by Patrick Higgins, President, Friends of Fakahatchee
It’s certainly been cold lately, but despite the U.S. President’s mistaken conflation of the terms ‘weather’ and ‘climate’ by wishing for a little bit more global warming, our recent cold snaps don’t negate the overwhelming evidence of climate change. While we are shivering here in Florida with iguanas in cold shock dropping out of trees, on the other side of the planet they’re sweltering. Australia’s flying foxes are falling down dead from heatstroke and baby green sea turtles there, whose sex is determined by nest temperature, are hatching out 99% female.
Whilst we can’t positively state any particular individual event is the direct result of climate change, atmospheric concentrations of CO2 and the annual average global temperature are both continuously rising. According to NOAA, global surface temperatures since 1970 have been rising on average twice as fast as for the entire period of recorded observations from 1880-2015. This warming isn’t necessarily uniform around the world, but it’s all about the average. An increase of 0.3° F every decade may not seem much, but when you consider Earth’s 196.9 million square mile surface area, that’s one that one heck of a lot of extra energy going into our climate system. This rapid increase is ten times faster than the average paleoclimate rate of warming during ice-age recoveries.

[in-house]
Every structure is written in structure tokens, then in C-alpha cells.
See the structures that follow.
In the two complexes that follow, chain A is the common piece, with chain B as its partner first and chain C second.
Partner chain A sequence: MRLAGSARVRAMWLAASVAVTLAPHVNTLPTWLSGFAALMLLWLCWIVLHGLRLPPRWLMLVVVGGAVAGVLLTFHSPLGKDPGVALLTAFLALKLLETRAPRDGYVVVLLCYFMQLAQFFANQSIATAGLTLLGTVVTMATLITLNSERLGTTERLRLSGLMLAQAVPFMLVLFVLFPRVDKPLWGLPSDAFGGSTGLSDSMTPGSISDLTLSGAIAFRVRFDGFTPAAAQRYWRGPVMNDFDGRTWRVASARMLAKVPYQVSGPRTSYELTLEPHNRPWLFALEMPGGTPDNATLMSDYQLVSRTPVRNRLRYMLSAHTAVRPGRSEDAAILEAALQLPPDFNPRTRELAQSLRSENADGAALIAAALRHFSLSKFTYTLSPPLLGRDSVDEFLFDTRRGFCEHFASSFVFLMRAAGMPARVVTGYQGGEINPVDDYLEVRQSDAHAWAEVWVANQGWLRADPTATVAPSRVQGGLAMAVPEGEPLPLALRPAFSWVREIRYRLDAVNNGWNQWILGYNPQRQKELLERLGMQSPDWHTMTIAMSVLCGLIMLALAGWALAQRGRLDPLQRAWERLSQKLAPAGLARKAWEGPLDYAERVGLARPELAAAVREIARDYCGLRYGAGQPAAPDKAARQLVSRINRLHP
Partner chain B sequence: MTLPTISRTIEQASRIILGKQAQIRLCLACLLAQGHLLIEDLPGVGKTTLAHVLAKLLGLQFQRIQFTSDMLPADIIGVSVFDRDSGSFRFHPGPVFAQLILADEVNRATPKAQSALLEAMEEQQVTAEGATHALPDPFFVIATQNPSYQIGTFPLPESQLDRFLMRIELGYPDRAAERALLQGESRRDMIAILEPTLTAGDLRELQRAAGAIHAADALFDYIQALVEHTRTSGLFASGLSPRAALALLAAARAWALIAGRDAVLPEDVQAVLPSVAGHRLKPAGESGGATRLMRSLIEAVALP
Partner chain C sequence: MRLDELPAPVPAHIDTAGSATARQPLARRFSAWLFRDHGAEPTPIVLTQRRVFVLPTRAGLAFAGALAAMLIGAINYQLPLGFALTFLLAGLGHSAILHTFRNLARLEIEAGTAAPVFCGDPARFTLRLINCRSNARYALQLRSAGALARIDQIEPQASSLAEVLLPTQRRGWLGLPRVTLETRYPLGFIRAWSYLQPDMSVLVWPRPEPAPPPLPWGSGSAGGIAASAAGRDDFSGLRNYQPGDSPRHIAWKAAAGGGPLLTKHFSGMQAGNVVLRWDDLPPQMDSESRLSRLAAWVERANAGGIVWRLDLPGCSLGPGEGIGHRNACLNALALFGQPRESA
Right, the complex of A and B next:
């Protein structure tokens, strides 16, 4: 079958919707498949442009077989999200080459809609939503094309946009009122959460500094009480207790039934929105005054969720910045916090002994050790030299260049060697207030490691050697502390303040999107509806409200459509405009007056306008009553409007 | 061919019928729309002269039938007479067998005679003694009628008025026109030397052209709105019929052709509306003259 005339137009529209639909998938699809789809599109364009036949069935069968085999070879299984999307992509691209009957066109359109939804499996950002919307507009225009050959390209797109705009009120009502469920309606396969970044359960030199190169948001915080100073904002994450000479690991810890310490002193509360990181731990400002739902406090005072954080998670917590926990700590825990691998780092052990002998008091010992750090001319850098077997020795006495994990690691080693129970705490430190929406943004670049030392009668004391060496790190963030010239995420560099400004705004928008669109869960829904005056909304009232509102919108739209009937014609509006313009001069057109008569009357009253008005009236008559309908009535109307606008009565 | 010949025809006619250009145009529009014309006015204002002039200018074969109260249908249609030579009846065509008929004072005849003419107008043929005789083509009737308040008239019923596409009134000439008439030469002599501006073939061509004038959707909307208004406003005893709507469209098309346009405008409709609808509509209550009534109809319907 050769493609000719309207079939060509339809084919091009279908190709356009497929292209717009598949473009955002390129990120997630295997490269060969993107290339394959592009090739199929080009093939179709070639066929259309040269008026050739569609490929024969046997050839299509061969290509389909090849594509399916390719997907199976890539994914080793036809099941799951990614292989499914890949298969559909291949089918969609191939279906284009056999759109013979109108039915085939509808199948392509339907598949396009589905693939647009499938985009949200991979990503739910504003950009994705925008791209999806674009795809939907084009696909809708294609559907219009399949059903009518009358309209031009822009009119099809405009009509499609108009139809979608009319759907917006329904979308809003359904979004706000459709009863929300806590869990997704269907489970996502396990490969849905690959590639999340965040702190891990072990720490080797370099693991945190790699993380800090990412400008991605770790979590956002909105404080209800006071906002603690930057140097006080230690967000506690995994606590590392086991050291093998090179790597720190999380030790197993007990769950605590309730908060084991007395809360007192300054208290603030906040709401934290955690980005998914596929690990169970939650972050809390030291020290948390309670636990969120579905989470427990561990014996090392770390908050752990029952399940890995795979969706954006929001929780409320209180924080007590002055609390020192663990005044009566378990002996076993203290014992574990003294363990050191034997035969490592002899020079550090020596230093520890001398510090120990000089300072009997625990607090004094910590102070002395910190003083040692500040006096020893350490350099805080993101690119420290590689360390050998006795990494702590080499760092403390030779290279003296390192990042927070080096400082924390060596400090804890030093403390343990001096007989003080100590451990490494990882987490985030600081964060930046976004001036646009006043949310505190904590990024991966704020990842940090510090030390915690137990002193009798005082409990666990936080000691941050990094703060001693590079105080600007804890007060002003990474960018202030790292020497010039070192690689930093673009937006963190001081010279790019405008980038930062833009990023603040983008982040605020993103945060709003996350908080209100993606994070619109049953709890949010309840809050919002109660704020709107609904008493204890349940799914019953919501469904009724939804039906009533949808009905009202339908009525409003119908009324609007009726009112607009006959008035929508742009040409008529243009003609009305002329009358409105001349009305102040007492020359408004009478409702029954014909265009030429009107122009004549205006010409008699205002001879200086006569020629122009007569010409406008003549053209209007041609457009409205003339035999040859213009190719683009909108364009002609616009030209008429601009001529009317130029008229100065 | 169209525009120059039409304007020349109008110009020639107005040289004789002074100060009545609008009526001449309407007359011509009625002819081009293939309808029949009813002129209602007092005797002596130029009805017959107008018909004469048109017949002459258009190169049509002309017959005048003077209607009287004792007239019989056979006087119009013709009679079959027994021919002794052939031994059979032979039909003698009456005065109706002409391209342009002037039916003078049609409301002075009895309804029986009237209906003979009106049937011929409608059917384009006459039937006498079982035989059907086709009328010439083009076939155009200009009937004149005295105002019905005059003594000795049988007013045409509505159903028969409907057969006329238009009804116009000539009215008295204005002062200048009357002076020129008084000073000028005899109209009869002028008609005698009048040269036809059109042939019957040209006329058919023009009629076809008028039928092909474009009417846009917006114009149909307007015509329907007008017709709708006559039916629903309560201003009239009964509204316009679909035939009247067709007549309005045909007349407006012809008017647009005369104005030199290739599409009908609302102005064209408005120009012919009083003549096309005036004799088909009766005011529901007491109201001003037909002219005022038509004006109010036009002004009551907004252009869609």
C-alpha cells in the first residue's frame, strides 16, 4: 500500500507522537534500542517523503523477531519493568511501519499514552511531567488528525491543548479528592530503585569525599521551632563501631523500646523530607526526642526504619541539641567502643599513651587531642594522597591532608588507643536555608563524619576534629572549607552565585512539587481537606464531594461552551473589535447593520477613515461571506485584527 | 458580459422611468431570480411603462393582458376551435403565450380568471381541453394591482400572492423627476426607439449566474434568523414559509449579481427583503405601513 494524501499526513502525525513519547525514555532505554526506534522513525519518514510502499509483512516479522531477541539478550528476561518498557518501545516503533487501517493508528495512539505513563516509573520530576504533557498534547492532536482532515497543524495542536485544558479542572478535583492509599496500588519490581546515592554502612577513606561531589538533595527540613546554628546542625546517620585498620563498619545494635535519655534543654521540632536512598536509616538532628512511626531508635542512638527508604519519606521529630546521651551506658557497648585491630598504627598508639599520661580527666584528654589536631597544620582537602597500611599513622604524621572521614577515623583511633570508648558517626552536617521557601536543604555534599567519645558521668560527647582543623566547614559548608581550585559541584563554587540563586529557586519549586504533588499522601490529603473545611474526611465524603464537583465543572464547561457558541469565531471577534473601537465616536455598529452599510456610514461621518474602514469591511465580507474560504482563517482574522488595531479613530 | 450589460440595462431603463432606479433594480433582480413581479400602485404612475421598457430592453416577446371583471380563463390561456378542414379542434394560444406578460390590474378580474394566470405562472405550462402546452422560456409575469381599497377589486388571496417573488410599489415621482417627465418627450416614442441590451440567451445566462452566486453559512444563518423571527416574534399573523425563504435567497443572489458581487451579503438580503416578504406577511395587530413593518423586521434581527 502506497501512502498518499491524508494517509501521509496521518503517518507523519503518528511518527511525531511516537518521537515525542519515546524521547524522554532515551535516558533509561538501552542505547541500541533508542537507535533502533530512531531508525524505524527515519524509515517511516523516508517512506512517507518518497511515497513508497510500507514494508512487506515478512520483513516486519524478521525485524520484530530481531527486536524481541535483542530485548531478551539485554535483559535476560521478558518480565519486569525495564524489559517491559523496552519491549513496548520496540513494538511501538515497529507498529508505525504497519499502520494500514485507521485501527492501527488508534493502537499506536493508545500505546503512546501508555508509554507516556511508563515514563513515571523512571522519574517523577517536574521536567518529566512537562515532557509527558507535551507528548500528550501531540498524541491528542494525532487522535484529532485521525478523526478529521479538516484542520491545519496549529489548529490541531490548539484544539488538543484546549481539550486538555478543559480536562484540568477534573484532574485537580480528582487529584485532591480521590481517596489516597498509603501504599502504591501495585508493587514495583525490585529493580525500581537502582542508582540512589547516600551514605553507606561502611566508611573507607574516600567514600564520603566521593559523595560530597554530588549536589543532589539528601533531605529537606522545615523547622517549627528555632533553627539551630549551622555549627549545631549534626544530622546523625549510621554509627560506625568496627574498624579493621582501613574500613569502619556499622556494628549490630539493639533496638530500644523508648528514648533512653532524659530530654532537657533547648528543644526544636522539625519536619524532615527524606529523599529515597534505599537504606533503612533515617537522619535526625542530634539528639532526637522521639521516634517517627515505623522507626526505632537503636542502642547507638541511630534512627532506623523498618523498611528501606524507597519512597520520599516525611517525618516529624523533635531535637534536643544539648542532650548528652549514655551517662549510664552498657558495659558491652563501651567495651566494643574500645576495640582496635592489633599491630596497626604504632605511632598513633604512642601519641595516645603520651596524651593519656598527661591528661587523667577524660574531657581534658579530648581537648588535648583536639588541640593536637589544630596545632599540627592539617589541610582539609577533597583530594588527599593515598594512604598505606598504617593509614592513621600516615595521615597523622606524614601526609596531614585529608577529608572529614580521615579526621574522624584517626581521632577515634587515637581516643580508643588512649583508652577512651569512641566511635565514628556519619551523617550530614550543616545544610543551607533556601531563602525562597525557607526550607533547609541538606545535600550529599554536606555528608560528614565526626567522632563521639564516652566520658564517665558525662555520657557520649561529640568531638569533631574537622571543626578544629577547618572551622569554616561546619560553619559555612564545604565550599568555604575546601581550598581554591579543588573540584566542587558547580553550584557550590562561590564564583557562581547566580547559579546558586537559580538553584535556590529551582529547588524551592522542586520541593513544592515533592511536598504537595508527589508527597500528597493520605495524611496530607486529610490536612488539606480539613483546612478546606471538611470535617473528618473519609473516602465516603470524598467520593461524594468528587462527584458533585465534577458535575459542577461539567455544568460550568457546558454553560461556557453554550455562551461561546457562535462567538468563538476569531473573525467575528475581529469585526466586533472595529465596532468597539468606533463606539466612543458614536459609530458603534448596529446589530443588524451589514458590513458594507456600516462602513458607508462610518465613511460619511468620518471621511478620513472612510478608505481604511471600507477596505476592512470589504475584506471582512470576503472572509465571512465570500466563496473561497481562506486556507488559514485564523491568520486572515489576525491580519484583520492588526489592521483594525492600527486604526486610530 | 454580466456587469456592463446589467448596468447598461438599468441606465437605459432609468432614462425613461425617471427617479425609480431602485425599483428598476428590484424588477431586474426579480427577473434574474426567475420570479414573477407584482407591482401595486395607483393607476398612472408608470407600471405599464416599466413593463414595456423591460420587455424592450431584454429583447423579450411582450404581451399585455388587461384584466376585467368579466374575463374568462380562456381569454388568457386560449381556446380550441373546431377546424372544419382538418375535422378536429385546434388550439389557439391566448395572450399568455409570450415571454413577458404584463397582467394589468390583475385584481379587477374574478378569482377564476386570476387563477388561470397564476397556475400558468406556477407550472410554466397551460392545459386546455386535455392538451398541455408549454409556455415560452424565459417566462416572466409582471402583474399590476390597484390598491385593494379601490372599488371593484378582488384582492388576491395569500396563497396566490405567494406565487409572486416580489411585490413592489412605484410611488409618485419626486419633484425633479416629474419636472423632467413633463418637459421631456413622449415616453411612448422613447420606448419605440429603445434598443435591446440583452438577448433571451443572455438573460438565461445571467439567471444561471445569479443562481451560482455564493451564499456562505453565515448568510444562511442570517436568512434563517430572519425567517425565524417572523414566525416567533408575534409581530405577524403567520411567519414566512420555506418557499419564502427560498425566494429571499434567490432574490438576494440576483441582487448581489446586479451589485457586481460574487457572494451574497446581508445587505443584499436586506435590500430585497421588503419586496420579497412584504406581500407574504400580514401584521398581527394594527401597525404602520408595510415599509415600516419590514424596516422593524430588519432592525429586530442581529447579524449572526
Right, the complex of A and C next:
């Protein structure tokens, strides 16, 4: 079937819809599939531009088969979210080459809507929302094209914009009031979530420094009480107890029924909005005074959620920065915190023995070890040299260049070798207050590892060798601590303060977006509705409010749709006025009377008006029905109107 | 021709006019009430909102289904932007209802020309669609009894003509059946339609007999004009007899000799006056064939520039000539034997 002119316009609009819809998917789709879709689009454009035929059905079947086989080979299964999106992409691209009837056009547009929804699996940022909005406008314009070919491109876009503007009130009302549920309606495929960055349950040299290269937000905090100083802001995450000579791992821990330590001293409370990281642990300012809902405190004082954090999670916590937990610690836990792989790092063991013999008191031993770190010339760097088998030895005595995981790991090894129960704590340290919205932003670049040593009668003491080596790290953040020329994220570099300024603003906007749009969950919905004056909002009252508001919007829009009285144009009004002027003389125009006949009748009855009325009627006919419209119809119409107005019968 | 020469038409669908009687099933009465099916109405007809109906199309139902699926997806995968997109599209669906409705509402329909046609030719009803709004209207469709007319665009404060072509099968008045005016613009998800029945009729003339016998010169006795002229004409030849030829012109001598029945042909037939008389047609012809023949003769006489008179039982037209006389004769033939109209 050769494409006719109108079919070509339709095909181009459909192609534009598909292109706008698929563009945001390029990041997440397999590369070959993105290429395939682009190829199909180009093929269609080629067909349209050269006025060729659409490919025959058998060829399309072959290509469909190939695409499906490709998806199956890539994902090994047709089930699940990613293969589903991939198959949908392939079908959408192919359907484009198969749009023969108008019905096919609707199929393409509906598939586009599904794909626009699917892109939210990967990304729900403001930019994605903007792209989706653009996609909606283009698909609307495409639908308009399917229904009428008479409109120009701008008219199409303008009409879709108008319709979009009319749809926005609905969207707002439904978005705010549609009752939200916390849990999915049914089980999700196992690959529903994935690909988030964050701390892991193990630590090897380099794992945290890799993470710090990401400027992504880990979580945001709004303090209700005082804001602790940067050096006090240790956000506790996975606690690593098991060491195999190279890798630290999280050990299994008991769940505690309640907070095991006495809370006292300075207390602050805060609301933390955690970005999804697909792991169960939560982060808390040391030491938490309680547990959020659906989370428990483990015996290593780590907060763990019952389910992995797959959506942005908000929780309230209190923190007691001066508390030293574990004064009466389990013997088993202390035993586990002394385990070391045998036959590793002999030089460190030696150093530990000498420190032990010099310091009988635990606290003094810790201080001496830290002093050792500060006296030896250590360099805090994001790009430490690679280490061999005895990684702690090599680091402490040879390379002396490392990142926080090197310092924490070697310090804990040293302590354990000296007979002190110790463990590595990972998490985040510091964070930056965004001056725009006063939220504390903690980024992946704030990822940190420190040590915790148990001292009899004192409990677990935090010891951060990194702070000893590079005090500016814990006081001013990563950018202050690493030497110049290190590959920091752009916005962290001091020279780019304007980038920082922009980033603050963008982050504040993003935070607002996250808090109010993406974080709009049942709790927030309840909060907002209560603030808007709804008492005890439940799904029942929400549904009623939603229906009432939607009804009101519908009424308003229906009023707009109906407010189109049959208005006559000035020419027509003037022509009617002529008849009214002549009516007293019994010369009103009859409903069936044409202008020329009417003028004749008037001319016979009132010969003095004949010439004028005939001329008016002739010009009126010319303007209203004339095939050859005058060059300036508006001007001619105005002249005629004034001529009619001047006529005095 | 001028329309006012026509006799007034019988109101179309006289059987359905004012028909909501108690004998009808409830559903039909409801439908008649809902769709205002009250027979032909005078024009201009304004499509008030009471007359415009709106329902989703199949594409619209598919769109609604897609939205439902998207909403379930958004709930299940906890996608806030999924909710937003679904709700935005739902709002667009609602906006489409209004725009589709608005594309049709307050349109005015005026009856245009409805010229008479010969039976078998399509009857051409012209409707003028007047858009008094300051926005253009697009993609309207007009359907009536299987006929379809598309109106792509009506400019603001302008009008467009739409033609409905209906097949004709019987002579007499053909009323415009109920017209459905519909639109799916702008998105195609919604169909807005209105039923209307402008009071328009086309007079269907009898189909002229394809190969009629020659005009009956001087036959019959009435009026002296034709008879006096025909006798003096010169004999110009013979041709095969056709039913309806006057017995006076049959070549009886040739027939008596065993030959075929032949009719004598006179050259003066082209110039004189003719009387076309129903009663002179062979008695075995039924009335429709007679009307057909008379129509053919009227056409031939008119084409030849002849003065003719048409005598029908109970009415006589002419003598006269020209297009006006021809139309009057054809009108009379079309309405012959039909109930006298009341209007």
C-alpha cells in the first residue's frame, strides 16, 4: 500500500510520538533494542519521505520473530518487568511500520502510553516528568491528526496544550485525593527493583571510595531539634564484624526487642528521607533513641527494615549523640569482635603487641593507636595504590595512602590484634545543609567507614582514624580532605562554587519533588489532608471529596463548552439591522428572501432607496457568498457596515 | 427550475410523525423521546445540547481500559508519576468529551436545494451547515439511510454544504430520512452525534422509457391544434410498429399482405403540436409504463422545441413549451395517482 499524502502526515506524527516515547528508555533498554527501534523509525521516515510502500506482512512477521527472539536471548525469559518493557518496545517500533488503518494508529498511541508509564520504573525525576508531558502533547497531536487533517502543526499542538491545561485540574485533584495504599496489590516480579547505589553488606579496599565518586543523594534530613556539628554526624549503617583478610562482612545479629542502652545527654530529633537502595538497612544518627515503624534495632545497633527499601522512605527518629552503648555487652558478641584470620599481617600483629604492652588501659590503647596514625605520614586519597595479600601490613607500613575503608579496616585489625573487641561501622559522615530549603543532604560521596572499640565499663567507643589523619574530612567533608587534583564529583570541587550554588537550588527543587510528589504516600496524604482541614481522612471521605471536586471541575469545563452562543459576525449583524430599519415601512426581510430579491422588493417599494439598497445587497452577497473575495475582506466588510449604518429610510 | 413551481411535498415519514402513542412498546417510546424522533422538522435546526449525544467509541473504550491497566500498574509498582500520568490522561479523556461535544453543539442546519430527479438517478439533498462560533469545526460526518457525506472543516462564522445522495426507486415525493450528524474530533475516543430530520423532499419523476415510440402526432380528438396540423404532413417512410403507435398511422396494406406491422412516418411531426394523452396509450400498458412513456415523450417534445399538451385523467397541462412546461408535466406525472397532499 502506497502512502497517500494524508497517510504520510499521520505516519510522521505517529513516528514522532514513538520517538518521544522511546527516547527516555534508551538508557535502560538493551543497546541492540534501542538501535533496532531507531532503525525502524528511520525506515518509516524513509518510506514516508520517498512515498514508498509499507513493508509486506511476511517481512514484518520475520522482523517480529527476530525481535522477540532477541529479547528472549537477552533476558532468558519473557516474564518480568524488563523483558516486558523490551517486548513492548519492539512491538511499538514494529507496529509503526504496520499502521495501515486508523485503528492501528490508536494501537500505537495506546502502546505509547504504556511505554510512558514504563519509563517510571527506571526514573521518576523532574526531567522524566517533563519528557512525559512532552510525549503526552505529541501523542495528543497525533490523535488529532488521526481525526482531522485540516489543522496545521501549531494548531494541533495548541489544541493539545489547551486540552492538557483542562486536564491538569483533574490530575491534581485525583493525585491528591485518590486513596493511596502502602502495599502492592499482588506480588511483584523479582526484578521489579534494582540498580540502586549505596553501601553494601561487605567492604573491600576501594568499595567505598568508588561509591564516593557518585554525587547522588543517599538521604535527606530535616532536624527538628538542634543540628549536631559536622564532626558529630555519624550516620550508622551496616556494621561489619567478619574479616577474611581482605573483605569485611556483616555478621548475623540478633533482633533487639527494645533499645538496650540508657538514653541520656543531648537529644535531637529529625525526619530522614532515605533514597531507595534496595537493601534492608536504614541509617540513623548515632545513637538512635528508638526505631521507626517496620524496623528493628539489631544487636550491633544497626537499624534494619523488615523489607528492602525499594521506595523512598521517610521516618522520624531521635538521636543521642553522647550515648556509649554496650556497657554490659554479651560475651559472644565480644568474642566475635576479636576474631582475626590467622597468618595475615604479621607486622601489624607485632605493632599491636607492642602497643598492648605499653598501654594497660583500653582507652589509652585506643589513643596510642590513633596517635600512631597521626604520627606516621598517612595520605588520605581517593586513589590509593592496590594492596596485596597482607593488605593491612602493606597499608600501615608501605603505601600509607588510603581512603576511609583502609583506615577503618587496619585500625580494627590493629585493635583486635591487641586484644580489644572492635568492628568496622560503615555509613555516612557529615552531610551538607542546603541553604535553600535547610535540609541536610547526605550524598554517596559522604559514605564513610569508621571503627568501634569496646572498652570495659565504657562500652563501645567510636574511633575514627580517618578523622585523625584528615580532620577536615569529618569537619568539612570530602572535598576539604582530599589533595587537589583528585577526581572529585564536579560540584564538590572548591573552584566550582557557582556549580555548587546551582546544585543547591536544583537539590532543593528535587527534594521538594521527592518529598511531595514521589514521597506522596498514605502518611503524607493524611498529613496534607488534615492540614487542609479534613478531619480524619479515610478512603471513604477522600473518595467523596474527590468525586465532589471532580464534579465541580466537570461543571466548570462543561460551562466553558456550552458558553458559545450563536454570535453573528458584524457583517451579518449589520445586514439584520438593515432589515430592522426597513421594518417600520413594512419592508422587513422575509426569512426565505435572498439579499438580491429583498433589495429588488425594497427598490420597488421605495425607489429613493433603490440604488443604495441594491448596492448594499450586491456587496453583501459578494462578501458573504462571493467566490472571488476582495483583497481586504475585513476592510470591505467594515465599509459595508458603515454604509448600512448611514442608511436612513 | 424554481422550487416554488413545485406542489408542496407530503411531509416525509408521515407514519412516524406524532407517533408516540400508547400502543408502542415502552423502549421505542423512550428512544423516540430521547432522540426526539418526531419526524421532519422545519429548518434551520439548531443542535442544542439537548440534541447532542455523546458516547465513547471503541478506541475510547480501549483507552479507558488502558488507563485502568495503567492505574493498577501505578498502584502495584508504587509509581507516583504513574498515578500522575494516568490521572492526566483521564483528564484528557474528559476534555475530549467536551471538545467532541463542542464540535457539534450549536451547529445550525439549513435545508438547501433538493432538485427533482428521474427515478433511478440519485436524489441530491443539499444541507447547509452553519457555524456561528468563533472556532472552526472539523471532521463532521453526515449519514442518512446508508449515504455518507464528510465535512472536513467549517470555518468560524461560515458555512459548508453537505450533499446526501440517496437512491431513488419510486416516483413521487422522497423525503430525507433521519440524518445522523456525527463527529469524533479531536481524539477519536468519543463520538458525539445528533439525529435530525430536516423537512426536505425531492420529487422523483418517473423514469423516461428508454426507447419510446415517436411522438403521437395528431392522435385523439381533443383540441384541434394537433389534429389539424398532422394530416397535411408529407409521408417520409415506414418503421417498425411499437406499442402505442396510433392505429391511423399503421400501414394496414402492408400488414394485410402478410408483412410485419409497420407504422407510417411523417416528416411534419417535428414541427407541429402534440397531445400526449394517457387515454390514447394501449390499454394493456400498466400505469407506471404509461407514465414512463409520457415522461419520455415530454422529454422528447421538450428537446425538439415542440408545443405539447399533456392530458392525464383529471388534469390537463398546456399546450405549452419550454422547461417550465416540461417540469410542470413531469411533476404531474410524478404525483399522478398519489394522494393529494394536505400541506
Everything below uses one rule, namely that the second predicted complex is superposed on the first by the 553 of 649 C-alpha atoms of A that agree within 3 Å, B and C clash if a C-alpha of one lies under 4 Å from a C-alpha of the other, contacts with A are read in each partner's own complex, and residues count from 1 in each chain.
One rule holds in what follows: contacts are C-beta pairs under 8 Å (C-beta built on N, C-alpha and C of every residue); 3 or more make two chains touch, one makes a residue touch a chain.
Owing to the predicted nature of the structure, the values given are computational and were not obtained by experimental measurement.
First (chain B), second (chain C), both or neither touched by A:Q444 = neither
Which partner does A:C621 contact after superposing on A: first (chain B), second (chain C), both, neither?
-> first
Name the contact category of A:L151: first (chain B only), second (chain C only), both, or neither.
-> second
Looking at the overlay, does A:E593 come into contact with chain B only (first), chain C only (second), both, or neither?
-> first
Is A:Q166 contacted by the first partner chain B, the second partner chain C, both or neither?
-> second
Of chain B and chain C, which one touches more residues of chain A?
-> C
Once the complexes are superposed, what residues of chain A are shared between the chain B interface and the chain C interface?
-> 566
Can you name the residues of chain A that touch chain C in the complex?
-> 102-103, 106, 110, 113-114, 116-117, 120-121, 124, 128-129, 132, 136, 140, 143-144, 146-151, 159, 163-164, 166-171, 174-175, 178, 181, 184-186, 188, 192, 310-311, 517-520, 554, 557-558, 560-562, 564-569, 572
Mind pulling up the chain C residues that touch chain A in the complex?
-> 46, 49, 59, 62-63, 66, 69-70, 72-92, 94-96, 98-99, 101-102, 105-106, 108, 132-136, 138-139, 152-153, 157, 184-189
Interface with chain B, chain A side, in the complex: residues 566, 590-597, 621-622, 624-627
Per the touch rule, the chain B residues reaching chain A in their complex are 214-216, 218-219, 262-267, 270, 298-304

From the very beginning of the debate on global warming, climate modeling predicted increases in extreme weather. Worldwide record breaking weather events from heat waves, floods, droughts, wildfires and super-storms – both summer and winter – seem to bear this out. Every summer, every winter, every year seems to set a new record. For example, globally 2017 was the second warmest year on record, and the warmest on record without an El Niño’s influence. And weather patterns are changing too; for the first 5 months of 2017 we had 5 inches of rain and for the second 5 months, 5 feet of rain!